whose role in life appears to be
to constantly impress on me
that humans have their place, and that
is somewhat lower than a cat.

This month's Guernsey Open Mic takes place at 8pm on Monday 21st August at La Villette Hotel, St Martin's.

Monday, 14 August 2017


My recent visit to Northern Ireland was primarily to attend the wedding of my nephew, Simon, to the lovely Kimiko.
The happy couple live in London but for their wedding they chose the magnificent setting of Old Court Chapel on the shores of Strangford Lough.
The glamorous event was attended by a truly international array of guests from countries as diverse as Japan, Russia, Canada and Israel. 

I was asked to write a poem for the newly-weds, to be read at the ceremony, and since the request came from my sister I had no choice but to comply. 
The result can be found below.
It's worth noting that in Japan, the crane is associated with longevity, immortality and prosperity and, because of their permanent pair bonds, cranes are often featured on bridal kimonos. Sweet cakes to be served at Japanese weddings are often baked in the shape of cranes for good luck.

(For Kimiko and Simon)

In nations far apart you grew
in innocent obscurity,
not knowing what awaited you
when you attained maturity.
Perhaps you were destined to meet
to make the incomplete complete.

A crane is flying east to west,
its languid wings like soft brush strokes:
a messenger; may you be blessed
by fortune that this sign invokes.                             
May life be sweet, may time be kind
and your horizons unconfined.

May each hour be suffused with joys,
with laughter ringing through each day
as though, like children with new toys
your world were cloudless, life was play,
that, somehow, hopes and dreams might fly
like swallows there. No rules apply

except these few: to always give,
with loving hearts, more than you take;
never condemn, instead forgive
a lapse of love or small mistake.
Love forms the mortar, love alone,
that binds a marriage, stone to stone.

This love of yours that you hold dear,
this love you share, without disguise,
without evasion, doubt or fear,
is mirrored in each others eyes,
so greet the future, hand in hand,
the world awaits, yours to command.

A crane is flying west to east.
We watch its progress as we pray,
may all your treasures be increased,
may every blessing come your way,
may your twin spirits intertwine
in marriage when two souls combine.

Wednesday, 9 August 2017


On Sunday I shared the stage with popular local soprano, Lee-Ann Hawkes, at an open-air performance in Candie Gardens, St Peter Port.

Lee-Ann captivated an appreciative audience with a selection of classical arias while I read two sets of poems, taken mainly from my Stone Witness collection, and later signed copies in the shop at Candie Museum.
I'm happy to report that Stone Witness continues to sell extremely well, both online and through a number of local outlets.
One of the poems that I read was the ever-popular Requiem for a Gambler, which you can find below. 
Photo by Jane Mosse


All that you owned when at your peak,
with business buzzing like a hive,
was squandered on a losing streak
while, hopelessly, hope stayed alive.
No game of chance could you forgo:
you’d kiss the dice for one more throw.

Slow horses, greyhounds half asleep,
the Poker games you always lost,
the endless nights you got in deep
with fools who didn’t count the cost,
the roulette wheel’s capricious spin,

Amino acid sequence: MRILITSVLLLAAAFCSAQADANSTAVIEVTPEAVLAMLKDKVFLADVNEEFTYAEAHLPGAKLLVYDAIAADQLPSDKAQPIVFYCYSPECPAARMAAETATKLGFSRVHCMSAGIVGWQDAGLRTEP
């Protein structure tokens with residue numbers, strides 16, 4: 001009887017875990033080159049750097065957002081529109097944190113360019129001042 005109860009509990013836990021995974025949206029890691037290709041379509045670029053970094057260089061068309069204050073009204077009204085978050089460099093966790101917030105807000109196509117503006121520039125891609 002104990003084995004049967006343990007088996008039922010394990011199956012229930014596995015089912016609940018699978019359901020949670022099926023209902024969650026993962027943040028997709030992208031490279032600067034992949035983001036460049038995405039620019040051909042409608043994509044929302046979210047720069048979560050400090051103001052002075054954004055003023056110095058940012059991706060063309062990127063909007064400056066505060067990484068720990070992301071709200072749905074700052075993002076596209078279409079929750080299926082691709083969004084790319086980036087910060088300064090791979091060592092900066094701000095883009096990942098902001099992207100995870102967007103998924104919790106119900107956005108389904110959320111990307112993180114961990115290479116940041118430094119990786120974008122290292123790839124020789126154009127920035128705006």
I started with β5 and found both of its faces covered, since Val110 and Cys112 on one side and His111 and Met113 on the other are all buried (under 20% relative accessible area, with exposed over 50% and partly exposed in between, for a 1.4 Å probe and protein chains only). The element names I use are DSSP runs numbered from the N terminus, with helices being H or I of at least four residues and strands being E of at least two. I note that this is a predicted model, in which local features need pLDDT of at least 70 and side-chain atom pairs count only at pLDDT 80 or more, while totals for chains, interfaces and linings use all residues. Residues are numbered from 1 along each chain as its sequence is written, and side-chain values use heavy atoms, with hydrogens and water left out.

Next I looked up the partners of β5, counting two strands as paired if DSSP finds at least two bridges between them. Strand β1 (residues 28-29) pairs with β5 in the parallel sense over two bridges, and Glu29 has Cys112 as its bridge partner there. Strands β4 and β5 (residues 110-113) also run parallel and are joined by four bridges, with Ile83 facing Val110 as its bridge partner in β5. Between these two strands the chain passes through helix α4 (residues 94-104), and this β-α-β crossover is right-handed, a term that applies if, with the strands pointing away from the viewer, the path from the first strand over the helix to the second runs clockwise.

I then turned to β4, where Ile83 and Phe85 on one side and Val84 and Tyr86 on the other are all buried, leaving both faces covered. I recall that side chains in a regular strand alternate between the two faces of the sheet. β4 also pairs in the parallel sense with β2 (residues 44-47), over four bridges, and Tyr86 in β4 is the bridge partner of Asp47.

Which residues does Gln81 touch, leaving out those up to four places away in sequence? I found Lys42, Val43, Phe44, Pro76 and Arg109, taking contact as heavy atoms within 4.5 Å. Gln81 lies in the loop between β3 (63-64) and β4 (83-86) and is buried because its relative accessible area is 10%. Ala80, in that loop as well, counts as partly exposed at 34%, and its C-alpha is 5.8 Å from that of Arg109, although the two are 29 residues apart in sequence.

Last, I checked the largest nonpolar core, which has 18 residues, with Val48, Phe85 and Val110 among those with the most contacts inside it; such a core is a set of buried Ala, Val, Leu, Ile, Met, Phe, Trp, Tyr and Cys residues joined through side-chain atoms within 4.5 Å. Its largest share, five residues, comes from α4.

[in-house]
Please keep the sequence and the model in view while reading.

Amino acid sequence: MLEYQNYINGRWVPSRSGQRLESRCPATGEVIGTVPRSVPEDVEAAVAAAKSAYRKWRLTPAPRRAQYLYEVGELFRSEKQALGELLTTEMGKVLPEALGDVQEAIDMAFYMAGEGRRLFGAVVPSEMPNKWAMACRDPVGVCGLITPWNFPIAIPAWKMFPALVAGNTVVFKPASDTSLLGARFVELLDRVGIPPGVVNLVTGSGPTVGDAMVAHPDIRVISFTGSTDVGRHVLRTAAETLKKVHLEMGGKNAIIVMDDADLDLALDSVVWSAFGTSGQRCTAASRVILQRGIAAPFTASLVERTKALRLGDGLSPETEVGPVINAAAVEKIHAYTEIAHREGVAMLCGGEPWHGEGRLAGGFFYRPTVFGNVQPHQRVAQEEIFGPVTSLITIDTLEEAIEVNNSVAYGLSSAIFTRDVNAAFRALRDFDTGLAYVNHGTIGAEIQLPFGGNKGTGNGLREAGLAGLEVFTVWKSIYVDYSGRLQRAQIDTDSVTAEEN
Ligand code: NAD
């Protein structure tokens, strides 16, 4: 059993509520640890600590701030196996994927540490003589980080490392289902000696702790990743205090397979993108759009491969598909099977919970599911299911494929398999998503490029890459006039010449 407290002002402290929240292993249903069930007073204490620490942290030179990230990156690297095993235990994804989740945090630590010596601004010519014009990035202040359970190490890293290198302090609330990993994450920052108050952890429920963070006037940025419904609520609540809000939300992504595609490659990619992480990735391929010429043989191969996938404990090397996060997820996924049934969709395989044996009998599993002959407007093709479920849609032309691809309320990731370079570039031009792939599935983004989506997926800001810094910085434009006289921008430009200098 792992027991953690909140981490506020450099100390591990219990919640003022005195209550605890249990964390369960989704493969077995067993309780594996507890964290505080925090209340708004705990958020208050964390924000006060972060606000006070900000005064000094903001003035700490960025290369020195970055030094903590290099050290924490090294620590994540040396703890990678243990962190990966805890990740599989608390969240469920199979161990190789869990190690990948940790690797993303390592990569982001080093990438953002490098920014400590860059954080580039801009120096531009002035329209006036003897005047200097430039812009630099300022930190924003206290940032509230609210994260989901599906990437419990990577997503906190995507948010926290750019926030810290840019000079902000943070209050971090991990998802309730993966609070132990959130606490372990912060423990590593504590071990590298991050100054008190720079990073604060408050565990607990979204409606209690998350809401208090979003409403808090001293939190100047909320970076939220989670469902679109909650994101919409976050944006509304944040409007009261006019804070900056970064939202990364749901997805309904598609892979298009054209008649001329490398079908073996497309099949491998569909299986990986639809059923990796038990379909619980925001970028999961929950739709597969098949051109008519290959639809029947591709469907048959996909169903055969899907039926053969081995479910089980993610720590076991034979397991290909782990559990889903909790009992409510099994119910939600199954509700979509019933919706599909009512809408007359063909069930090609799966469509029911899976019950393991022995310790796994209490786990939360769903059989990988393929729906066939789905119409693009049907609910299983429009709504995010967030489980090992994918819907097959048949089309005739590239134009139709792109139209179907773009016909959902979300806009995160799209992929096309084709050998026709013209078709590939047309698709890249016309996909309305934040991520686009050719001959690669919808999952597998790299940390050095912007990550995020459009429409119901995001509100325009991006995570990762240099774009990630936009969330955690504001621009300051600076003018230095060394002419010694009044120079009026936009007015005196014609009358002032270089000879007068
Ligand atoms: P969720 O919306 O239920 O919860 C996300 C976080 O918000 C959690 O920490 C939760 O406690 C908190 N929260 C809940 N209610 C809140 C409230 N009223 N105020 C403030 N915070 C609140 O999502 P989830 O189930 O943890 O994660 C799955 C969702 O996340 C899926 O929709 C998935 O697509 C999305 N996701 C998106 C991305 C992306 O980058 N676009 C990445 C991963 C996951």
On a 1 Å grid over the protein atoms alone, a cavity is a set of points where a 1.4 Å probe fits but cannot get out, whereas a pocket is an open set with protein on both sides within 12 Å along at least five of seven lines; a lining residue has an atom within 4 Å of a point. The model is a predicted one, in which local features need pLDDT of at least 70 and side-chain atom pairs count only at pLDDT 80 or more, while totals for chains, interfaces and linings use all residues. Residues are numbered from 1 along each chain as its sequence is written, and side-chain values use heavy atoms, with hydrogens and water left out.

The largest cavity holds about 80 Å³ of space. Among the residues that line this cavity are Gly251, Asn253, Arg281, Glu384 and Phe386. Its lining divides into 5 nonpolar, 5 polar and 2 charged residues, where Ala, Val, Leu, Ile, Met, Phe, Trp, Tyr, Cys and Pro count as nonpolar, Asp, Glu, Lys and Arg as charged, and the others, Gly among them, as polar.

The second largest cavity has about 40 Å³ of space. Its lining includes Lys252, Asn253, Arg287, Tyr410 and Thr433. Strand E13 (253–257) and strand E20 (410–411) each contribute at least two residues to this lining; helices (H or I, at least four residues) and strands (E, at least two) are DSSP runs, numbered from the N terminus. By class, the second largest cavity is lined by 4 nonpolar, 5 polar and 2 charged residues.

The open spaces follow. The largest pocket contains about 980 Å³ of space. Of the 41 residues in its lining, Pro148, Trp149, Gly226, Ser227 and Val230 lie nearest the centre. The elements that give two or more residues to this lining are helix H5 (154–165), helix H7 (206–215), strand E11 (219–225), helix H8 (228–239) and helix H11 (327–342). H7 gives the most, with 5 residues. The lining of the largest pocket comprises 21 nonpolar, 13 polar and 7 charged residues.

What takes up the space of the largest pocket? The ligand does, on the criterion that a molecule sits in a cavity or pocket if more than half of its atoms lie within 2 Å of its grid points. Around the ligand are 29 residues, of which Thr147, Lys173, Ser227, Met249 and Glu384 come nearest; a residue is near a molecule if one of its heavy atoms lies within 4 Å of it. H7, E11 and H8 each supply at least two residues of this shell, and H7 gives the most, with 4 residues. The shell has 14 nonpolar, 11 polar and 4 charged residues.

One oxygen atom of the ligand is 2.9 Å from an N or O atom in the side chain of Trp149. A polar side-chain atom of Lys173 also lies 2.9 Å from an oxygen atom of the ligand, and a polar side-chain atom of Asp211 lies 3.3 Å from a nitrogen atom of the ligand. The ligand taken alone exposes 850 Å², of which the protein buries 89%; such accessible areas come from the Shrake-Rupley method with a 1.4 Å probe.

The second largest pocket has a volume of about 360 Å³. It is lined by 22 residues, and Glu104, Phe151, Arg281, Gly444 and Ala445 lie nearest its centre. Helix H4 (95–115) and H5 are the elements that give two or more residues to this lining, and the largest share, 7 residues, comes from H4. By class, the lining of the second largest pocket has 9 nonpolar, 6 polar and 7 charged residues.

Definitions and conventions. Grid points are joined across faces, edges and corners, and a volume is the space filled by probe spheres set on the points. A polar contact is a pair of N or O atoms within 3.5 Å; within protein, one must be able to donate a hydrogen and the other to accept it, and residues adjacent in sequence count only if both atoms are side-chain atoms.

those gambles you could never win

left you like this: a rented room,
two threadbare suits, grease-stained and creased,
a stack of bills that I assume
no one will pay since you’re deceased.
You always were an optimist.
Where are they now, those dice you kissed?


Friday, 4 August 2017


My old stamping ground, East Belfast, which I revisited recently, is the birthplace of many well-known individuals.
The writer, C S Lewis, grew up there, not half a mile from the house where I was born, and from the same district came actor and director Kenneth Branagh; actor James  Ellis; musicians James Galway, Van Morrison and Gary Moore; writers, St John Ervine and Forrest Reid; playwrights Stewart Parker, Sam Thompson and Marie Jones, and footballer, George Best.  

The recently-opened C S Lewis Square houses a bright new tourist centre where visitors can access information on the city's attractions from interactive screens, interpretative panels and a wall map, connecting people to East Side's famous faces, places and industries. Nearby, visitors can rediscover Lewis's creation, The Chronicles of Narnia with a walk through a public space featuring seven bronze sculptures from The Lion, The Witch and The Wardrobe, including Aslan, The White Witch, Mister Tumnus, The Beavers, The Robin and The Stone Table, in a stunning display of public art. 

Have a peep at the amazing statues in C S Lewis Square by clicking here.

Today's poem is, unsurprisingly, an Ulster one, Padraic's Glen from my Strange Journey collection. 


Beneath a cobalt sky, wind blows the barley heads
as wrens, through ragged hedgerows, drop like tears
and all the voices of ten thousand years
converge in one throat piping in the reeds

for here scenes are unchanging and unmoved
by all the petty vanities and schemes
and here remain the valleys, rocks and streams
our fathers and our forefathers have loved.

Here stand the granite stones that knew the shout
and felt the drum-led feet of marching men
and smelt the bloody fear along the glen
of tribes advancing or being driven out

and here the stunted trees that stamp defiant now
on shoulders of dead armies deep beneath the soil
where roots caress the riven shield, despoil
the eyeless socket, yellowed tooth or noble brow.

Beneath a cobalt sky you gathered meadow flowers,
perhaps to capture pieces of this perfect day,
as all-embracing summertime around us lay
and destiny conspired along with earthly powers

to make our bodies bend and shake like barley heads,
our hopes patrol, like warriors, the windy glen,
our hearts to drop like wrens and yet to rise again,
with one proud shout among the swaying reeds.